Shodo Harada Roshi


  Shodo Harada Roshi was born in 1940 in Nara, Japan. He began his Zen training in 1962 when he entered Shofuku-ji monastery in Kobe, Japan, where he trained under Yamada Mumon Roshi (1900-1988) for twenty years. He was then given dharma transmission (inka) and was subsequently made abbot of Sogenji monastery in Okayama, Japan, where he has taught since 1982.

Harada Roshi (Roshi means “teacher”) is heir to the teachings of Rinzai sect Zen Buddhism as passed down in Japan from Hakuin and his successors. Harada Roshi’s teaching includes the traditional Rinzai practices of daily sutra chanting, zazen (seated meditation), sanzen (private interviews with the teacher), susokkan (breathing), koan (‘past cases’) study, samu (work), sesshin (intensive retreats), teisho (lectures by the teacher), and takuhatsu (alms receiving). While the outward appearance of this type of training may seem rigorous and spartan to some, it is important to note that Harada’s teaching is formed by deep compassion and permeated by the simple and direct Mahayana doctrine that all beings are endowed with the clear, pure Original Buddha Mind. The purpose of our training is to realize this mind in ourselves and in all other beings.

With this all-embracing view constantly in mind, Harada Roshi has been training people of various backgrounds at Sogenji since 1982 and welcomes serious students (men and women, lay and ordained) from all over the world. Over the past twenty years, he has trained men and women from Germany, Spain, France, Switzerland, the United Kingdom, the United States, Australia, Denmark, Hungary, Poland, Romania, Iran, Greece, Sweden, India, Sri Lanka, Burma, Vietnam, and Japan.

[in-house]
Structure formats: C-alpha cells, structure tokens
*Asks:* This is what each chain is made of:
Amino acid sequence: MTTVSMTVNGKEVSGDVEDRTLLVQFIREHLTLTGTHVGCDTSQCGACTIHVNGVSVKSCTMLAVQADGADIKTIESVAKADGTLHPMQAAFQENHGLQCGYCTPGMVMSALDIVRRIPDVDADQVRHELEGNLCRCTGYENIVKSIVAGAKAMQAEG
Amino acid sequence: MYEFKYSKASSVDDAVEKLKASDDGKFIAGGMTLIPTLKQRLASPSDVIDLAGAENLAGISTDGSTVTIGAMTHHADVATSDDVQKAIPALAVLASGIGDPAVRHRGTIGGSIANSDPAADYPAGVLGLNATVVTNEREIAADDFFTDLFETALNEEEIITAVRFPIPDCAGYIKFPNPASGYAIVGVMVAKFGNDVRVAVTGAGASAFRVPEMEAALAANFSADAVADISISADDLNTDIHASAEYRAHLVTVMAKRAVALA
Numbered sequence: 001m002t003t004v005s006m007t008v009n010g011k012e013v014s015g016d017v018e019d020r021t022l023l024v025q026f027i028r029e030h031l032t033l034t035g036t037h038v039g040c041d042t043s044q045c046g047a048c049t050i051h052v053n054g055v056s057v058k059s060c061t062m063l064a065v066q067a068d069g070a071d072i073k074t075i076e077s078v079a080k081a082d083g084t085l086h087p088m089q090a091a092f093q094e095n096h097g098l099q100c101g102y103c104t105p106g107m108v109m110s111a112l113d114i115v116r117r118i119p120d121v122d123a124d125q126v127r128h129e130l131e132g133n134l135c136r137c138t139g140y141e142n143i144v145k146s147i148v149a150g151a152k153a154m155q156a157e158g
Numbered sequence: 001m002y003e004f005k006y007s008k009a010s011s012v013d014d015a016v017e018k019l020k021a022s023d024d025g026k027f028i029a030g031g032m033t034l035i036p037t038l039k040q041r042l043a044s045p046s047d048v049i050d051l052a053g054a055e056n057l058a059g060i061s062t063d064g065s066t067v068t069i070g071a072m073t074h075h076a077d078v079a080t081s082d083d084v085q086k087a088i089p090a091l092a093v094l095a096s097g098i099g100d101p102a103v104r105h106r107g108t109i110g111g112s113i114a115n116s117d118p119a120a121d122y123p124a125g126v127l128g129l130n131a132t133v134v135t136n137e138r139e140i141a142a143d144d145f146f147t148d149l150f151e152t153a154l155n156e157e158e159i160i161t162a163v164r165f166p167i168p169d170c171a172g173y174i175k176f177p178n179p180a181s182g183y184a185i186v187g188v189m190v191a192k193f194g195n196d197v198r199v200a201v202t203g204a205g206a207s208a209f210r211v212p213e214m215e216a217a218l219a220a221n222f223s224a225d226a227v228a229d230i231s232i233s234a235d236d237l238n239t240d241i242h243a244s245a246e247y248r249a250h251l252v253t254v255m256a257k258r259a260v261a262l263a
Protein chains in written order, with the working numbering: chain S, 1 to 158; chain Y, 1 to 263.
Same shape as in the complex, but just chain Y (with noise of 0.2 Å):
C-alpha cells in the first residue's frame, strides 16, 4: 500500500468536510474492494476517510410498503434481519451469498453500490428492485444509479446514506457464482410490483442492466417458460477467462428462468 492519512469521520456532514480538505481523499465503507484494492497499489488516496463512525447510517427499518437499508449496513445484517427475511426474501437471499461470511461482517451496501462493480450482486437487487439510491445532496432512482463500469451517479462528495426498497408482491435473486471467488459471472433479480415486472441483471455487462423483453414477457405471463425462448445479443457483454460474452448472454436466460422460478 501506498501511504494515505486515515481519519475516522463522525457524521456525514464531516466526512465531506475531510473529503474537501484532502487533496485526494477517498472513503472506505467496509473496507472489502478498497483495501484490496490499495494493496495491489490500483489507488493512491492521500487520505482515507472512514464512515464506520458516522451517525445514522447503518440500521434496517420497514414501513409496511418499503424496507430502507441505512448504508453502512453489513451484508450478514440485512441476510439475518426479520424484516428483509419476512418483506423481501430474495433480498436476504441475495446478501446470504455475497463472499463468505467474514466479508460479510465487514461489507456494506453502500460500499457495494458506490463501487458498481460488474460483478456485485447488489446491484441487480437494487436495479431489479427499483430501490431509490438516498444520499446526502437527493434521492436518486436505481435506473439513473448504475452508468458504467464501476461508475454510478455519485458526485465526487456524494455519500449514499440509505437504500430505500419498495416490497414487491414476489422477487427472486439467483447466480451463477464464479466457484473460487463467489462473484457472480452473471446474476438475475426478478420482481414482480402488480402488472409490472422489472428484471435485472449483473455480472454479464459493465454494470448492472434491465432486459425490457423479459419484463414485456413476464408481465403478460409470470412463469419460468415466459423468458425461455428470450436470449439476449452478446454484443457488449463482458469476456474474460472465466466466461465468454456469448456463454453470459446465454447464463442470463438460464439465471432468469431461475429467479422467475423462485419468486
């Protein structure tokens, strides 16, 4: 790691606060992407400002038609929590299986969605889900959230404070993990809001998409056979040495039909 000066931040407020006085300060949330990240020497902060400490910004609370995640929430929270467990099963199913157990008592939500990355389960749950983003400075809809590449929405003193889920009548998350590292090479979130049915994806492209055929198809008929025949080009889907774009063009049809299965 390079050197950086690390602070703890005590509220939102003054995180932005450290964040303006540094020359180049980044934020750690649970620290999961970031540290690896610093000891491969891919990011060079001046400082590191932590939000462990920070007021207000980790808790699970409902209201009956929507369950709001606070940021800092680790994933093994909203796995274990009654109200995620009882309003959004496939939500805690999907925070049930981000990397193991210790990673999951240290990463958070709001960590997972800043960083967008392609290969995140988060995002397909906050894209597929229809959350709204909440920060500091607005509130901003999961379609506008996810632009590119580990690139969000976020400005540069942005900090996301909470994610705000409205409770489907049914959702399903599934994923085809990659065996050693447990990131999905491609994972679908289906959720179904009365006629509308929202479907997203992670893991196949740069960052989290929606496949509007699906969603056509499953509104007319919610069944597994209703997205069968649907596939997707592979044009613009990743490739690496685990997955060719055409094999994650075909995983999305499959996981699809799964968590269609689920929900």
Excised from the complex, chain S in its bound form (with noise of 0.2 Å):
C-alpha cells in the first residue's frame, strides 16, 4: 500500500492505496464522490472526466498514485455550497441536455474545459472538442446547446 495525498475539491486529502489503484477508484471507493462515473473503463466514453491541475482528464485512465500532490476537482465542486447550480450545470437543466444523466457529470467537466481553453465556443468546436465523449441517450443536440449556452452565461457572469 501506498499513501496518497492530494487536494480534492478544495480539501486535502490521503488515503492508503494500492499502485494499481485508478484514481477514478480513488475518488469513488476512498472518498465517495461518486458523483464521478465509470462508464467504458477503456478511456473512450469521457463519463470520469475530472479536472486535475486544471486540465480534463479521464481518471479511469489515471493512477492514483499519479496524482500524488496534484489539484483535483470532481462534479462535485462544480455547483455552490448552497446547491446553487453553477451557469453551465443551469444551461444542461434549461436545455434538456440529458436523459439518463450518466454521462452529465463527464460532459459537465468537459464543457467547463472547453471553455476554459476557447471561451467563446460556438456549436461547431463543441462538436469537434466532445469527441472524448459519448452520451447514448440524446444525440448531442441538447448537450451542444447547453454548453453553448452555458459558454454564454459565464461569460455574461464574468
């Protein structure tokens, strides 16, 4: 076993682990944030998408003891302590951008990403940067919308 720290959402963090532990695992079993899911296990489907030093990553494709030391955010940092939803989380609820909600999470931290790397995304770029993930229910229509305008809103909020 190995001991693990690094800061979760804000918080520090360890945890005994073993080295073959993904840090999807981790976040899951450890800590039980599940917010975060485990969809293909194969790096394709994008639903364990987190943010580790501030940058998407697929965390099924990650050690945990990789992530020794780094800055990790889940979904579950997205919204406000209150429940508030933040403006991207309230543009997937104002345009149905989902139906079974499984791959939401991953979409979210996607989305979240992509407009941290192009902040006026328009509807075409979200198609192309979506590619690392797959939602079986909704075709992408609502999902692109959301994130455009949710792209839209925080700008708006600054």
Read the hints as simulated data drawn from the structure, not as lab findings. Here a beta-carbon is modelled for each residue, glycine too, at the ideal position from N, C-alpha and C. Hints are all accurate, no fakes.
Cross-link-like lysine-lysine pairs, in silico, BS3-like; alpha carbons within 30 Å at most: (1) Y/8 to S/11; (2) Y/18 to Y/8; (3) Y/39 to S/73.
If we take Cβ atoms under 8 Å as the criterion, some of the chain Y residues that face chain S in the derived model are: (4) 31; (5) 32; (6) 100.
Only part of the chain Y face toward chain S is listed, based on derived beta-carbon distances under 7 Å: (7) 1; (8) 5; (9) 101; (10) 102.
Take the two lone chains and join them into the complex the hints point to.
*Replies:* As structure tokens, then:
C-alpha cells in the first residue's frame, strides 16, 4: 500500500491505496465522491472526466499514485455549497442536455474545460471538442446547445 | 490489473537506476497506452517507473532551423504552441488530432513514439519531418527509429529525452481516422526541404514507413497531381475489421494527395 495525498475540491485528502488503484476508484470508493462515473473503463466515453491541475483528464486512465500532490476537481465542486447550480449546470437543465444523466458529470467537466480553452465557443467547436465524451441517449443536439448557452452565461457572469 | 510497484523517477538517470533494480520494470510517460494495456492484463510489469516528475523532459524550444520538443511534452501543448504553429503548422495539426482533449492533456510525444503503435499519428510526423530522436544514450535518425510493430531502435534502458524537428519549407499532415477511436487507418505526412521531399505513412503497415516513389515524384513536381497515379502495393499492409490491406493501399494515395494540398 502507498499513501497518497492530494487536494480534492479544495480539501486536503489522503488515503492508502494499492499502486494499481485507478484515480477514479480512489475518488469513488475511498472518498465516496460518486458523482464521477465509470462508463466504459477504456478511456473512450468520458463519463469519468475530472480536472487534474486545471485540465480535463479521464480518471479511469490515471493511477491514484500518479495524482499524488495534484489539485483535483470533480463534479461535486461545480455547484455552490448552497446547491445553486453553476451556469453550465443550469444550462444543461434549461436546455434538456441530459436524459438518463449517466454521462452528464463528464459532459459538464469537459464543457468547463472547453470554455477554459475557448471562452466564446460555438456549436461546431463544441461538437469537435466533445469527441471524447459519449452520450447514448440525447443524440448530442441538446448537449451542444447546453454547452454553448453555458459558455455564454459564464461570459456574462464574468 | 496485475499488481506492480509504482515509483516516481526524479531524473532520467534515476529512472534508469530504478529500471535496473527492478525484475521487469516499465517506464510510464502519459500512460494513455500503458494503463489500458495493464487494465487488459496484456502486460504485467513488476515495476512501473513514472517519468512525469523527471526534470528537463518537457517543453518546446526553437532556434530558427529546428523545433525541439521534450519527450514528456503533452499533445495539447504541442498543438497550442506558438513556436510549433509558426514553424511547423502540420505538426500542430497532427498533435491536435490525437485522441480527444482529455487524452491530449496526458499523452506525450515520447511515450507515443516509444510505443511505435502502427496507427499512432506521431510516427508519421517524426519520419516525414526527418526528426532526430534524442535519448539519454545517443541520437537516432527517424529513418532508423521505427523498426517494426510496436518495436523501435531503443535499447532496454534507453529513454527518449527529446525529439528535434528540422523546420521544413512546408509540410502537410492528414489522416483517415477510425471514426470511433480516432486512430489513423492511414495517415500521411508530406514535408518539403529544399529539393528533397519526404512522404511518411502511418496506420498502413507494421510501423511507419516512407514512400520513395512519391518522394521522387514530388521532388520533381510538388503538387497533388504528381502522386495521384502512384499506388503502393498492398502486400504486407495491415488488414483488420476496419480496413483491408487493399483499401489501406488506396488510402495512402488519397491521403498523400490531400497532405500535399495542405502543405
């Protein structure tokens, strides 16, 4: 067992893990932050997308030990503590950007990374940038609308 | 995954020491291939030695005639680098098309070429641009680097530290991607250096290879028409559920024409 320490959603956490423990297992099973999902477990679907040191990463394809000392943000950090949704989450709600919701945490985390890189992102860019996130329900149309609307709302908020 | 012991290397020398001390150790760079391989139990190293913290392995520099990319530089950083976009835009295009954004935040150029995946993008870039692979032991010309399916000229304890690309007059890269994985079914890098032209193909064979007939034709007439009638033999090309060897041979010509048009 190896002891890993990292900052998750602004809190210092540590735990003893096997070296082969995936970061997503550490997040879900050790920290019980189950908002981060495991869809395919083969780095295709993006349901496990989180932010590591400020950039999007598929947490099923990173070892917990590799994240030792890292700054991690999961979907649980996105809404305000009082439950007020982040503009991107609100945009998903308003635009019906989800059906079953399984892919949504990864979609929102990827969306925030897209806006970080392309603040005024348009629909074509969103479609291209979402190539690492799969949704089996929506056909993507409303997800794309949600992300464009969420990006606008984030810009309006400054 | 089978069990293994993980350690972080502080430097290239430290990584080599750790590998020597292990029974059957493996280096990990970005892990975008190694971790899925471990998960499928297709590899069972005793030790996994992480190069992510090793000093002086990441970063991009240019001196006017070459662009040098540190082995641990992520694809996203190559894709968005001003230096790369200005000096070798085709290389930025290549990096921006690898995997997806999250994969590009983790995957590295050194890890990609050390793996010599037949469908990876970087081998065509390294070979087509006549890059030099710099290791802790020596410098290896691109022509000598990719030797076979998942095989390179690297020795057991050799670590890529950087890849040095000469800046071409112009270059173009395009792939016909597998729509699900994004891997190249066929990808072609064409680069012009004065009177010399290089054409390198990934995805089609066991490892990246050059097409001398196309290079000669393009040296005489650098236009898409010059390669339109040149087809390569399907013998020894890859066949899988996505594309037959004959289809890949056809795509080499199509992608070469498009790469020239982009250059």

In 1989, Harada Roshi made his first visit to Seattle, where he led a sesshin at the home of one of his senior students. He has returned since then to lead sesshins, at first once and then twice each year, at other locations in Washington state, including Cloud Mountain Retreat Center, Bastyr University, and the Whidbey Institute. Several years ago, as facilities were developed on site, the Roshi began to lead sesshins at Tahoma One Drop Zen Monastery on Whidbey Island, with expectations of increasing his visits to Whidbey Island–and hence the number of sesshins he will lead–to three each year.

The Roshi also visits Europe and/or Asia once each year to lead sesshins and maintain his connection with students there. In past years, he has led sesshins in Denmark, Switzerland, Hungary, Poland, and India.

When possible, the Roshi plans to take up permanent residence as the abbot of Tahoma One Drop Zen Monastery on Whidbey Island, at which time the practice and sesshin schedule will be significantly expanded and intensified.